By broadening the aperture of experience beyond its traditional focus in retail — the store — leading brands can create a new competitive battleground and begin winning sales before someone even arrives at a physical property. Capturing pre-visit sales with pre-orders, click and collect can help drive revenue growth for retailers. Another pre-visit technique is that of try-on and try-out innovation, which encourages customers to buy products in-store by letting them try products on at home. But even more important, in our opinion, is post-visit activity. Designing for the post-visit stage of the journey — using follow-up emails, texts, savings catchers, or other communications — is a significant opportunity missed, or poorly executed.
4. Move from data and reports to intelligence about performance and your customers
Retailing in the digital age requires the optimization of store environments, and analysing flow with real-time analytics is now possible and gaining a foothold. Recent research notes that 71 percent of retailers use or plan to use people-counting technology in their stores, while 68 percent are looking to introduce in-store Wi-Fi and loyalty systems. The evaluation of data from these installations can lead to major revisions in retailers’ understanding of customer behavior. Executives might find that store dwell time is significantly different than they thought, or that smartphone usage is primarily for entertainment or communication, rather than “showrooming.” These and other insights can lead brands to increase (or decrease) their investments into mobile apps, as well as their in-store use of digital endcaps.
5. Keep in mind that stores are far from irrelevant
The value of the store experience — tactile engagement, a full 360-degree experience, and of course a sales force — makes it a difficult channel to ignore, replace, or shut off. The store remains a predominant part of the total retail experience, but its role is changing and requires that it be more in tune with the needs of the Millennial shopper. For this, retailers need to reimagine and evolve their in-store channels and engagement innovations.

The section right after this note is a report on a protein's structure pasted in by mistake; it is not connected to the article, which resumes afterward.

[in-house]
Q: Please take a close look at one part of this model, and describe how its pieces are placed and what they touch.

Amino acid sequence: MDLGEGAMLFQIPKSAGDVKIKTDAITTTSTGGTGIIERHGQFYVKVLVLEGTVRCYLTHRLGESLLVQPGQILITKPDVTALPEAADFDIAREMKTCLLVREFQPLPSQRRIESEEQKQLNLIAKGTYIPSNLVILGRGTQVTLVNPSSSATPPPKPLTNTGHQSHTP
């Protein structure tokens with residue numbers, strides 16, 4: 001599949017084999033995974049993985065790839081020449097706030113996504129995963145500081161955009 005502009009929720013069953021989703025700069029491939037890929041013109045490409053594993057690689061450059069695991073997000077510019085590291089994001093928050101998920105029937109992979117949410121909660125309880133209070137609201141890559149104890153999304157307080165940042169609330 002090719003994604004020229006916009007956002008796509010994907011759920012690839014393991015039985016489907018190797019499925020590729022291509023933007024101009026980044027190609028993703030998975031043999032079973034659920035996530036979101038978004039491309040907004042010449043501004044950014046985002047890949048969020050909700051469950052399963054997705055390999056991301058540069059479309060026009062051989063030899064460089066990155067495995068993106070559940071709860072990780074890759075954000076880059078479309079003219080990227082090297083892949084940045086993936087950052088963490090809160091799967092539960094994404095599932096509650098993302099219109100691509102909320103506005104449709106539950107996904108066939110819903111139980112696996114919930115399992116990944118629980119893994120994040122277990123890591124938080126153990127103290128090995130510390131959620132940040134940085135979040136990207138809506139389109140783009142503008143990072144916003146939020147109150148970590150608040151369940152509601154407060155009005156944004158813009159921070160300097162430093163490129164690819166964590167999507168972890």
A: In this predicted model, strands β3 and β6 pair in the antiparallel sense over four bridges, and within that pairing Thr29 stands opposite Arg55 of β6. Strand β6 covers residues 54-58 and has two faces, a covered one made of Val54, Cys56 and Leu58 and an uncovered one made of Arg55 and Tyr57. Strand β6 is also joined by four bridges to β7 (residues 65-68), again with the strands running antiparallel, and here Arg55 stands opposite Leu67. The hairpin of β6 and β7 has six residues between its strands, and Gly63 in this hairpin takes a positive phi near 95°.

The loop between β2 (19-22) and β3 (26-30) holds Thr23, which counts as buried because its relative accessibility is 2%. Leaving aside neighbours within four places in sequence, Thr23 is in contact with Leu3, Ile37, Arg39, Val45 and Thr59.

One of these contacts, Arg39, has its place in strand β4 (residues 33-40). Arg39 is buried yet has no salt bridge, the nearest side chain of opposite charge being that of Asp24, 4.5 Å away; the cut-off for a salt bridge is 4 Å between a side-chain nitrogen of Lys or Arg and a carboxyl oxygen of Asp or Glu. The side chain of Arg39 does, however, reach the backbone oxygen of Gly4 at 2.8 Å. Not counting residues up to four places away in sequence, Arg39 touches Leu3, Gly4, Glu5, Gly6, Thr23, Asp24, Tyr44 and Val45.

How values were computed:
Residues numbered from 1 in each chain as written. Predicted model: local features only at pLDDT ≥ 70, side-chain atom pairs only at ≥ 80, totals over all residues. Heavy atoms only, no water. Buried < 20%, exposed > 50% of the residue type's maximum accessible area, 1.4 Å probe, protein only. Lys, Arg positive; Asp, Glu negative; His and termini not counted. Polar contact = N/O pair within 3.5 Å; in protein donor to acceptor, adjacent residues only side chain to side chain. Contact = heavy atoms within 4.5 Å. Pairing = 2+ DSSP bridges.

Retailers are on the verge and too few successfully blend the three main channels — mobile, e-commerce, and stores — together in a way that is optimized for customer experience. To succeed over the next decade, retailers must fundamentally transform themselves, touching every area from organizational structure to the products and services that they offer.
This wholesale reimagining of their business requires that retailers be focused on five main points: The need for a vision of a future retailer; the importance of mobile; the opportunities in the pre- and post-visit phases of the purchase cycle; the importance of analytics and optimization; and, finally, the continued, central role of the physical store.
The brands that succeed in this environment will be the ones that transition and evolve quickly enough to get ahead of the changes in their core business. How will you design the future of your retail experience?
Discover how these trends are evolving across the retail space by diving into our global research report, available for download here.
By Jemuel Ripley (VP & Global Retail Lead, New York), Zachary Paradis (VP, Customer Experience Strategy, Chicago), Hilding Anderson (Director, Research & Insights, Washington, D.C.) & Nathan Chmielewski (Senior Associate, Marketing Strategy & Analysis, Chicago)